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Abortion=sin?

Discussion in 'General Religious Debates' started by blb01, Sep 6, 2005.

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  1. blb01

    blb01 Member

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    Although I am not a Christian, I used to be. One thing that still confuses me is abortion. I mean I can see why the morning after pill would be a sin, but anything else wouldn't make sense. The reason why that would be weird is because it's the doctor who kills the embryo, not the pregent woman.
     
  2. Linus

    Linus Well-Known Member

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    What difference does it make if a doctor kills the unborn child as opposed to the mother?
     
  3. Aqualung

    Aqualung Tasty

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    So if I handed you a gun and said, go shoot my brother, would you think that I have absolutely no blood on my hands? Do you think Judas Iscariot is clean? After all, he didn't actually kill Jesus, he just led the romans to him.
     
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  4. Linus

    Linus Well-Known Member

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    Exactly. The point is that someone (the mother) is deciding to kill the unborn child. It doesn't matter who actually does the killing. The mother supports it and in fact wants it to happen. In fact, it might make things worse if the doctor does it. In that case, you have a mother who wants to get rid of the child to such a degree that she decides to take action, and in addition you have a doctor who is a willing participant. Seems you are causeing more people to sin if you do it that way...

    I hope that made sense.
     
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  5. michel

    michel Administrator Emeritus
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    There are some who would disagree;
    http://www.postfun.com/pfp/blasphemy.html
    The word of God makes it clear to us that abortion is not a sin. In fact it's quite clear that to believe otherwise is nothing short of idolatry and blasphemy, and those are, quite definitely, sins.



    Psalm 139 and the Beginning of Life





    One of the most beautiful chapters in the Bible is Psalms 139. It speaks of God's constant, practically doting, love for his creation. It is distressing to see this chapter used by anti-abortionists as proof that life begins at conception. If you read the chapter in its entirety it becomes clear that our existence begins in the mind of God and that God's attentions follow us all of our days, through good and bad. Here are the verses that anti-abortionists use to twist this beautiful chapter to a common political tool:
    For thou hast possessed my reins: thou hast covered me in my mother's womb. I will praise thee; for I am fearfully and wonderfully made: marvelous are thy works: and that my soul knoweth right well. My substance was not hid from thee, when I was made in secret, and curiously wrought in the lowest parts of the earth. Thine eyes did see my substance, yet being unperfect; and in thy book all my members were written, which in continuance were fashioned, when as yet there was none of them.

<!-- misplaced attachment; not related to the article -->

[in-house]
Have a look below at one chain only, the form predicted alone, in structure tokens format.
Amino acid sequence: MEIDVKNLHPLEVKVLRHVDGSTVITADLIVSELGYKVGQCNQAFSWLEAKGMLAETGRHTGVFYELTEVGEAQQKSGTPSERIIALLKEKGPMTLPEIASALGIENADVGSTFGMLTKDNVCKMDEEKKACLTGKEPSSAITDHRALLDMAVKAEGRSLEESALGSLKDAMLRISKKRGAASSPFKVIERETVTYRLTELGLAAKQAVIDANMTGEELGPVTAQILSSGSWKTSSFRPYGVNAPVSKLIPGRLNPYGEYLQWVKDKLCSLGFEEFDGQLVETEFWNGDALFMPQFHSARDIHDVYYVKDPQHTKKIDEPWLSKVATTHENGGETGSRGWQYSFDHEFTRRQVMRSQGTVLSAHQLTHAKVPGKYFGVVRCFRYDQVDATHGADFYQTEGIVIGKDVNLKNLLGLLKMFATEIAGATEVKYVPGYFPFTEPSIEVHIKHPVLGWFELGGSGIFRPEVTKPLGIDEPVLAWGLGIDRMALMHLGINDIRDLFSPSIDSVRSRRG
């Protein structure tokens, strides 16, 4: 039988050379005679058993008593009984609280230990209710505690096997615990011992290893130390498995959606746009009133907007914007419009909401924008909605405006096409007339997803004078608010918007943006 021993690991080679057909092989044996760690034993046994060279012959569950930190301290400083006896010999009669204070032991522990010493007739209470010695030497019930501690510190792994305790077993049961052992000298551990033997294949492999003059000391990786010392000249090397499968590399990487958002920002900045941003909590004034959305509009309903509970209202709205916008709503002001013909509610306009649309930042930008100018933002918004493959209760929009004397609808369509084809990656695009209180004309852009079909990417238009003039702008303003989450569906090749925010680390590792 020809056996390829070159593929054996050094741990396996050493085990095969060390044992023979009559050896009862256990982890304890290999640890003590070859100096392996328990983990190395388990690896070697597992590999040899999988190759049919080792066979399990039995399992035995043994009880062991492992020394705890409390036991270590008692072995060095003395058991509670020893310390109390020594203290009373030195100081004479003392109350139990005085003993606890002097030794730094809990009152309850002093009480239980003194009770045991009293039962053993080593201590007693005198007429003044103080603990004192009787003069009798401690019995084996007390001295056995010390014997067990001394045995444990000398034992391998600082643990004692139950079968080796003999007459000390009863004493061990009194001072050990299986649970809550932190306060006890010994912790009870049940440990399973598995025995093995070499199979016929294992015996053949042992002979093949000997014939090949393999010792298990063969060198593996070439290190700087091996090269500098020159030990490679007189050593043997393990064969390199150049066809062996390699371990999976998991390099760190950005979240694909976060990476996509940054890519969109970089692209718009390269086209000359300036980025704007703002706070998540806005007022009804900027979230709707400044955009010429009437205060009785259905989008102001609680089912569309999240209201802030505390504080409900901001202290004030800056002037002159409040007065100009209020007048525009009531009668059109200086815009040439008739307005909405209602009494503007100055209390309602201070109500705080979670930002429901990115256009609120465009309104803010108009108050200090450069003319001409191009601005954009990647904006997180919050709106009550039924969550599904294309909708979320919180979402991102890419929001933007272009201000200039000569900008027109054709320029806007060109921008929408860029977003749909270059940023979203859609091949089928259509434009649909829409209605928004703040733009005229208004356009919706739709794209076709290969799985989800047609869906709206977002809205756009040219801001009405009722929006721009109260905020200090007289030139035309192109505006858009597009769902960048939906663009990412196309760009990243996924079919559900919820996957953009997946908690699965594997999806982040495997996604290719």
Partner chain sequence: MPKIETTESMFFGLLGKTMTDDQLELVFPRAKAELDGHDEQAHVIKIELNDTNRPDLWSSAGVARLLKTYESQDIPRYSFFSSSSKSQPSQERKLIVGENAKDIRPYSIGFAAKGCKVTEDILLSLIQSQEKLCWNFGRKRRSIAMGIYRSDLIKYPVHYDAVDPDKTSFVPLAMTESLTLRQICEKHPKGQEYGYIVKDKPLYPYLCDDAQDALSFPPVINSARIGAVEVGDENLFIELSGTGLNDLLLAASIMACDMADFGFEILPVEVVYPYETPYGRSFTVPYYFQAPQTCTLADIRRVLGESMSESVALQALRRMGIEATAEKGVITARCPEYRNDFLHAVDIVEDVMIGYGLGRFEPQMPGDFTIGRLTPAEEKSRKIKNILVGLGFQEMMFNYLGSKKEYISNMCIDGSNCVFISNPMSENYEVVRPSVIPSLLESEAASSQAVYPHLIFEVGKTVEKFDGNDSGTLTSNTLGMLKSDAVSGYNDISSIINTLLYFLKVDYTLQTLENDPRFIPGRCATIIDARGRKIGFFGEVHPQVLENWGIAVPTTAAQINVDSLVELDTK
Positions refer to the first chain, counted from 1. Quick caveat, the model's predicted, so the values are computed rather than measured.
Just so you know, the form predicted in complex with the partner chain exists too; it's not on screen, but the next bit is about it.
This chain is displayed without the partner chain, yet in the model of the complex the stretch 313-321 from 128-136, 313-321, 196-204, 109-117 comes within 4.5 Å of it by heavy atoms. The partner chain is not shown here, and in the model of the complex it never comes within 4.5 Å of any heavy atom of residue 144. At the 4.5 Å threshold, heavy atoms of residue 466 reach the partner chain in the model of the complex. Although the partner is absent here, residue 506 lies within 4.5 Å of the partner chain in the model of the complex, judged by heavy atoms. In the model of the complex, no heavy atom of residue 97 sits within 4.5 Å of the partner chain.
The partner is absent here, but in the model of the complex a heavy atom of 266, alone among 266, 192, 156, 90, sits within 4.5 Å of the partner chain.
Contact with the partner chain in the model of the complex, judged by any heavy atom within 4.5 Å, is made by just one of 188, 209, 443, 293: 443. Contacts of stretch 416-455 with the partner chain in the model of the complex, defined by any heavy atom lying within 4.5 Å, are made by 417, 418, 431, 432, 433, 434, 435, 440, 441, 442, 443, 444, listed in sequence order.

These verses are used to prove that human life begins at conception. But there is nothing here to even suggest that. God conceives of us first. We read that a blueprint, of sorts, exists in a book, God's book. Before we are born God uses this to form our bodies. Nowhere here does this describe anything but the making of the human form. Nowhere here does it describe how we are imbued with a human soul. But there are numerous other places in the Bible where God makes it quite clear when and how we become a living being and not just an "imperfect substance" as mentioned in Psalms 139.





    Consider first, Genesis 2:7,
    And the Lord God formed man of the dust of the ground, and breathed into his nostrils the breath of life; and man became a living soul."​
    (The above is only a short extract see the site linked for the full article.)
     
  6. Fluffy

    Fluffy A fool

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    blb01, in my opinion, making the morning after pill a sin makes far less sense than making abortion a sin. The morning after pill can destroy the sperm before conception has happened depending on how soon afterwards it is taken. An abortion will always kill a being that is growing into a lifeform.
     
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  7. Quiddity

    Quiddity UndertheInfluenceofGiants

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    Quite surprised where you stood on this Michel.
    Here is the Catholic position on this:

    Abortion
    2270 Human life must be respected and protected absolutely from the moment of conception. From the first moment of his existence, a human being must be recognized as having the rights of a person - among which is the inviolable right of every innocent being to life.72


    Before I formed you in the womb I knew you, and before you were born I consecrated you.73 My frame was not hidden from you, when I was being made in secret, intricately wrought in the depths of the earth.74



    2271 Since the first century the Church has affirmed the moral evil of every procured abortion. This teaching has not changed and remains unchangeable. Direct abortion, that is to say, abortion willed either as an end or a means, is gravely contrary to the moral law:

    You shall not kill the embryo by abortion and shall not cause the newborn to perish.75 God, the Lord of life, has entrusted to men the noble mission of safeguarding life, and men must carry it out in a manner worthy of themselves. Life must be protected with the utmost care from the moment of conception: abortion and infanticide are abominable crimes.76